The “Sunshine Laws” meant to provide a minimal amount of transparency to government proceedings, is ritually honored at the beginning of every public meeting held by a governing body in Franklin Lakes, Wyckoff and Oakland. The law, over 30 years old, was passed in 1975 as part of NJ Gov. Brendan Byrne’s “Government Under Glass” initiative. It established the right of all citizens to have advance notice of all public meetings and the right to attend meetings at which any business affecting the public is discussed or acted upon.
On the local level, in Wyckoff, Oakland and Franklin Lakes, the “Sunshine Laws” are being followed to the letter, but not the spirit. Nine years into the 21st century, the modern methods used to share, communicate and disseminate information have been firmly established. As municipalities across the nation deal with budget concerns in the worst economic crisis since the Great Depression, none of the the three local municipalities have utilized the tools at hand to directly communicate with residents. Local municipal websites discuss recycling, parades, and services, but none mention a budget; none offer a proposed budget online.
The RIH School Board in contrast has put themselves on the line. Their proposed budget has been available online for weeks. Of course this is one of the rare instances where New Jersey residents can vote on a budget, and the openness of the school board is a practical requirement. Still, having to appeal to voters, make their case, and present the evidence as they see it has forced the school board to more fully embrace the spirit of openness in government.
Residents using 20th or 21st century technology to visit their local municipal website will find that Wyckoff offers the most current publication of their meeting minutes, February 6th; the town council minutes for Oakland and Franklin Lakes are three months old dating back to January. The governing bodies of all three municipalities regularly lament the difficulties in struggling to develop a budget that balances services, tax increases, and state mandates, but they offer little direct communication with their constituents. Township committees such as Wyckoff would be well served in detailing their efficiencies which can be deduced from a comparative study of local municipalities; while councils like Franklin Lakes can offer a direct explanation as to the unique financial dilemma faced by this borough.
Offline, the Sunshine Law allows municipalities to go into executive session for a variety of reasons. These are closed to the public and hence there is no understanding of what is discussed. The New Jersey Foundation for Open Government is working to encourage towns in the state to independently adopt broader definitions of transparent government, and they are meeting with some success. Some towns in the state have adopted ordinances that require the publication of the closed session minutes with the redaction of any material that is required by law, e.g. personnel issues.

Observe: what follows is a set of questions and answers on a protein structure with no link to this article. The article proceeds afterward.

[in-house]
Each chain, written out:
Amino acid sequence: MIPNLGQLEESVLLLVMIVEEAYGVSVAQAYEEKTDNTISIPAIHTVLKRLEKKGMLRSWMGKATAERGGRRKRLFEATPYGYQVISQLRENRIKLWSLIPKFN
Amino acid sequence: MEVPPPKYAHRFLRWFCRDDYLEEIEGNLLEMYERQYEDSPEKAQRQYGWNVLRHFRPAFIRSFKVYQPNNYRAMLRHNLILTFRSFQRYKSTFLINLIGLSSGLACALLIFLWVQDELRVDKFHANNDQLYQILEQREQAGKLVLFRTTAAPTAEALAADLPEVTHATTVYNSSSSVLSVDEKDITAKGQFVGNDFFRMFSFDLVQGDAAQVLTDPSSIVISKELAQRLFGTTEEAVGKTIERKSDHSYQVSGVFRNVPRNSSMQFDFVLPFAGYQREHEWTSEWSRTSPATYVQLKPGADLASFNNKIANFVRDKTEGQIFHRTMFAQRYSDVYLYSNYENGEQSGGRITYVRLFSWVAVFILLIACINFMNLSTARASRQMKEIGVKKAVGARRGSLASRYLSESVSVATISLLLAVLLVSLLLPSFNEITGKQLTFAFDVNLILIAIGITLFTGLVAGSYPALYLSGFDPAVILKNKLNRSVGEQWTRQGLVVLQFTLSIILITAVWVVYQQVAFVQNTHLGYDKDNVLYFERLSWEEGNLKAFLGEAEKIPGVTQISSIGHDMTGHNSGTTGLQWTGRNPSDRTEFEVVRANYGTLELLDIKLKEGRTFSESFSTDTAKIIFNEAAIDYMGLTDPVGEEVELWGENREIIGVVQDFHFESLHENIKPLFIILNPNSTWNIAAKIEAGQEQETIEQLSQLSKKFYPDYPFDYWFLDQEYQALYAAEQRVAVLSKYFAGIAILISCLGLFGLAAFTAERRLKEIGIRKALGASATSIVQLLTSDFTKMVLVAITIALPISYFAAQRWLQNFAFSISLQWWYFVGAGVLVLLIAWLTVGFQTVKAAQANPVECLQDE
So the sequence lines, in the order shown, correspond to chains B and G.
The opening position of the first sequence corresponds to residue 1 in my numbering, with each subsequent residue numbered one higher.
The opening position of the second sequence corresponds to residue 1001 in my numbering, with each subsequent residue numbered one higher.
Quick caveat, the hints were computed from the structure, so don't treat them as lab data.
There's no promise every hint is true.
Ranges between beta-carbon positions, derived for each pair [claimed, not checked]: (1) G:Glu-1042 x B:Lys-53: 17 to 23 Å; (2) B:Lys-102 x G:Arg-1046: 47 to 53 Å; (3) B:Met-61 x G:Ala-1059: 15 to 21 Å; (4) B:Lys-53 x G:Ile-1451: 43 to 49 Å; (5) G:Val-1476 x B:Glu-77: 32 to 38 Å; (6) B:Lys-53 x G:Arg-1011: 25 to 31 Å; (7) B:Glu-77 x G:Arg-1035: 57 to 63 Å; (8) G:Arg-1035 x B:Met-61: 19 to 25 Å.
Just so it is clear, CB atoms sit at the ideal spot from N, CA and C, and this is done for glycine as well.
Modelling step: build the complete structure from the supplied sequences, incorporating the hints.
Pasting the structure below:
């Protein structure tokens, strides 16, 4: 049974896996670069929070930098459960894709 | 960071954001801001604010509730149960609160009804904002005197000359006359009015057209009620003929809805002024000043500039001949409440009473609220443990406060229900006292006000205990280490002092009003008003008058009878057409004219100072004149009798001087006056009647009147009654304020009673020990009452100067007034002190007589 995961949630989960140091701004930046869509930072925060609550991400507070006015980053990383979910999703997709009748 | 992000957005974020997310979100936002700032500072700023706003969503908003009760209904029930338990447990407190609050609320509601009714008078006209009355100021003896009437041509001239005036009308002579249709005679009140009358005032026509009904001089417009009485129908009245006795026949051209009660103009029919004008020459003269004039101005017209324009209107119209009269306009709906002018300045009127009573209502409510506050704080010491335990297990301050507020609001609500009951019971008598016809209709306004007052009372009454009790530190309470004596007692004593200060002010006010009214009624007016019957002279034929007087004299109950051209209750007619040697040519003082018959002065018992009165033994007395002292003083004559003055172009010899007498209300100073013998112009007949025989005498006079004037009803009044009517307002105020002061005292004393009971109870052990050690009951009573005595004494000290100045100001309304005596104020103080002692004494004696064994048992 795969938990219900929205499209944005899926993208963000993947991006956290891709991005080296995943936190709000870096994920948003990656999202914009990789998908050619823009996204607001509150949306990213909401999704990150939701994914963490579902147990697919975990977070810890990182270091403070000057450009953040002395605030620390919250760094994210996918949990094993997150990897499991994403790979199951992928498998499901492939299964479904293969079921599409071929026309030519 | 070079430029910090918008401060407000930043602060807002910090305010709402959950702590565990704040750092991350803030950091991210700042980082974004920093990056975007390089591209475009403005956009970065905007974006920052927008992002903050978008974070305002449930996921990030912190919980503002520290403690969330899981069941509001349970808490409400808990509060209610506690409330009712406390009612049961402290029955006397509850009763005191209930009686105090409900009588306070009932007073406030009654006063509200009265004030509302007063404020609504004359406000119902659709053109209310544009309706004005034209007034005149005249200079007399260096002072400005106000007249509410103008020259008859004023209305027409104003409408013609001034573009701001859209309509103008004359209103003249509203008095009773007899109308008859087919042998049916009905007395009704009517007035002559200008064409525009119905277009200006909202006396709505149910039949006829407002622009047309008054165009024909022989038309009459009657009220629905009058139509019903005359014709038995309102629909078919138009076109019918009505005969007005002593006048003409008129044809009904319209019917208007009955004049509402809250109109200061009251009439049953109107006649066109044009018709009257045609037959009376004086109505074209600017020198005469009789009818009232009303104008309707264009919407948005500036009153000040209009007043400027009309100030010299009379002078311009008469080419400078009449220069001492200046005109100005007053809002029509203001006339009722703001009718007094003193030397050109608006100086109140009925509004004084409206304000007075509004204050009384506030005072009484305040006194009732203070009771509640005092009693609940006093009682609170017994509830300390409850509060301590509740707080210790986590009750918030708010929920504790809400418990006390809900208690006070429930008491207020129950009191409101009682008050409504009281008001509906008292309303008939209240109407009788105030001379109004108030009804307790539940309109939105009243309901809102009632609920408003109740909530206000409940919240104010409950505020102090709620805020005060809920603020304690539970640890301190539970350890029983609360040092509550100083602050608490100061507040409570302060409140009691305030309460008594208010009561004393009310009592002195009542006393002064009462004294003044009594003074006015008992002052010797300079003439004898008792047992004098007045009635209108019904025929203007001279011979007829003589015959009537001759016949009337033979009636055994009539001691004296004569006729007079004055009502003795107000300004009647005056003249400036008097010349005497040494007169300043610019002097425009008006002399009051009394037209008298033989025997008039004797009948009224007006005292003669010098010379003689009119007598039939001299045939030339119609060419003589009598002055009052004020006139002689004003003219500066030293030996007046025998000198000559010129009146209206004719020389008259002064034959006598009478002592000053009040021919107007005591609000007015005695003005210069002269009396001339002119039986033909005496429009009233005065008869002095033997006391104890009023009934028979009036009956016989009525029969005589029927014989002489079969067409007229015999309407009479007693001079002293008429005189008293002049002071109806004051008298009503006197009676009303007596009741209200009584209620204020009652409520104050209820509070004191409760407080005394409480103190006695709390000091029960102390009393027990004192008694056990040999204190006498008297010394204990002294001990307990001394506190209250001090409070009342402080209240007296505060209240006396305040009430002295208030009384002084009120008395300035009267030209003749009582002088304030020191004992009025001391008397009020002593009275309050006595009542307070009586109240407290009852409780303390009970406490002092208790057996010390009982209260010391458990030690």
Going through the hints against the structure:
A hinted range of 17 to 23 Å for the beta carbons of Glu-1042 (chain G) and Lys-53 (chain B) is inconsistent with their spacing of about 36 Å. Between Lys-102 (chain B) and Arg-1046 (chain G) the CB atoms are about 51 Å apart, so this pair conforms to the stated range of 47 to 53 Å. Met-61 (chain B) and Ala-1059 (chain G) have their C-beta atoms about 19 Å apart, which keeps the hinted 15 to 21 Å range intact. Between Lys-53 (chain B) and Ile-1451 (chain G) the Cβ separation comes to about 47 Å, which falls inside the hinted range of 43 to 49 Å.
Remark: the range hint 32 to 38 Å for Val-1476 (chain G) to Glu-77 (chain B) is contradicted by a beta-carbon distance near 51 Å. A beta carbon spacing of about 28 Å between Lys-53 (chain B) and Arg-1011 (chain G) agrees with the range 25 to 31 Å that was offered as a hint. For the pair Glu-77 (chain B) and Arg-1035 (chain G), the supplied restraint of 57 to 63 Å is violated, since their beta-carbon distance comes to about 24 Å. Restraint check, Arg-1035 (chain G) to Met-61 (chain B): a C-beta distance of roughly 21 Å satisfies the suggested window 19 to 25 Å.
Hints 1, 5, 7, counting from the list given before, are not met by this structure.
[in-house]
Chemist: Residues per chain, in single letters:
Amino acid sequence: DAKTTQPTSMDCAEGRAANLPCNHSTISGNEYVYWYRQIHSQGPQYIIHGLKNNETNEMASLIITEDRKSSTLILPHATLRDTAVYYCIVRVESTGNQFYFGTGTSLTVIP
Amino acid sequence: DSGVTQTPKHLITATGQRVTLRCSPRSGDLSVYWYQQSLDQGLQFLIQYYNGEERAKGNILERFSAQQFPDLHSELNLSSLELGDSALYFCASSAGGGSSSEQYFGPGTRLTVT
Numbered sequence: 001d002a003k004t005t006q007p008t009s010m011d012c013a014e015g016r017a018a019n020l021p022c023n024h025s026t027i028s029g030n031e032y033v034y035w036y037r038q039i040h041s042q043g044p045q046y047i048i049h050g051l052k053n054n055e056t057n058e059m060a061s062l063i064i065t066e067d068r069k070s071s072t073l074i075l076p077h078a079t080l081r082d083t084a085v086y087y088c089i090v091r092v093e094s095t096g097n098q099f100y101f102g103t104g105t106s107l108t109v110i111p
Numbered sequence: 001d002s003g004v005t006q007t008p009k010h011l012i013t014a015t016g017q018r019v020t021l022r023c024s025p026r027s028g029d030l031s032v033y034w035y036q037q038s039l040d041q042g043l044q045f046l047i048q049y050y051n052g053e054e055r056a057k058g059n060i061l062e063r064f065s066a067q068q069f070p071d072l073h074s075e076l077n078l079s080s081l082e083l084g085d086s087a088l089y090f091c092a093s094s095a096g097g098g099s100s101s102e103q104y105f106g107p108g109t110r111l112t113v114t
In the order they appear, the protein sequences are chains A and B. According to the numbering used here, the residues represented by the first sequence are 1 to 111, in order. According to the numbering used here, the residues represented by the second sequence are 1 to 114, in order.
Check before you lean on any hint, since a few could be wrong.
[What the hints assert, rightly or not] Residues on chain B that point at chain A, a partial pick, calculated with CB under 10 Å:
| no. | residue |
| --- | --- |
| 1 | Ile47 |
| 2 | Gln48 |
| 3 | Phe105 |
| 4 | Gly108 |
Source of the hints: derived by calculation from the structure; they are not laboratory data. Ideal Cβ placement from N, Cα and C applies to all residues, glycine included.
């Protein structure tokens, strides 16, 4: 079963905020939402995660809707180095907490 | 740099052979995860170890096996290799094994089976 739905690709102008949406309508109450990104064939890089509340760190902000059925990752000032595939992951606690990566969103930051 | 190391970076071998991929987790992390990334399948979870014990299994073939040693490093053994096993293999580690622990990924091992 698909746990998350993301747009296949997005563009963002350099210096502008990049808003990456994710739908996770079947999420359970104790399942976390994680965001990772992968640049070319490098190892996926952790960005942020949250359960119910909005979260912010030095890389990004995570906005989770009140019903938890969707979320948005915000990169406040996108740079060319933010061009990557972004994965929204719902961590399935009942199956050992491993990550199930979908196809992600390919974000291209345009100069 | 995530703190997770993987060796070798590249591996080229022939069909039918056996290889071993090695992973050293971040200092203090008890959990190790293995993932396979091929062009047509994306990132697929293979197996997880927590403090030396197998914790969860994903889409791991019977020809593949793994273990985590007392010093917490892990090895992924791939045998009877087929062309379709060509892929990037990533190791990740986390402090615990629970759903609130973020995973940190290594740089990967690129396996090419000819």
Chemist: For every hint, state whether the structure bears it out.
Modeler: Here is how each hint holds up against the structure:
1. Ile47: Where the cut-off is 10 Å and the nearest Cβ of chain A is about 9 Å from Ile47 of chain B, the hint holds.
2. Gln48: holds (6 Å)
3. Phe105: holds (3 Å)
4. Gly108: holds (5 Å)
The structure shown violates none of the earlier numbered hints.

President Obama made transparency in government a major theme in his election campaign, and his administration has made some symbolic gestures towards fulfilling that promise. Congress itself has moved closer to an era of openness as the infamous pork barrel earmarks now must carry a name attached. Unfortunately, Congress did not require transparency to account for the hundreds of billions of dollars being doled out to American banks and corporations, and there is no accountability as to where this taxpayer money is going. While time will tell if the new Obama administration will live up to it’s promises, the idealism exhibited in President Obama’s statement on transparency in government can certainly be implemented on a local level.
President Obama on Transparency and Open Government
Government should be transparent. Transparency promotes accountability and provides information for citizens about what their Government is doing. Information maintained by the Federal Government is a national asset. My Administration will take appropriate action, consistent with law and policy, to disclose information rapidly in forms that the public can readily find and use. Executive departments and agencies should harness new technologies to put information about their operations and decisions online and readily available to the public. Executive departments and agencies should also solicit public feedback to identify information of greatest use to the public.
Government should be participatory. Public engagement enhances the Government’s effectiveness and improves the quality of its decisions. Knowledge is widely dispersed in society, and public officials benefit from having access to that dispersed knowledge. Executive departments and agencies should offer Americans increased opportunities to participate in policymaking and to provide their Government with the benefits of their collective expertise and information. Executive departments and agencies should also solicit public input on how we can increase and improve opportunities for public participation in Government.
Government should be collaborative. Collaboration actively engages Americans in the work of their Government. Executive departments and agencies should use innovative tools, methods, and systems to cooperate among themselves, across all levels of Government, and with nonprofit organizations, businesses, and individuals in the private sector. Executive departments and agencies should solicit public feedback to assess and improve their level of collaboration and to identify new opportunities for cooperation.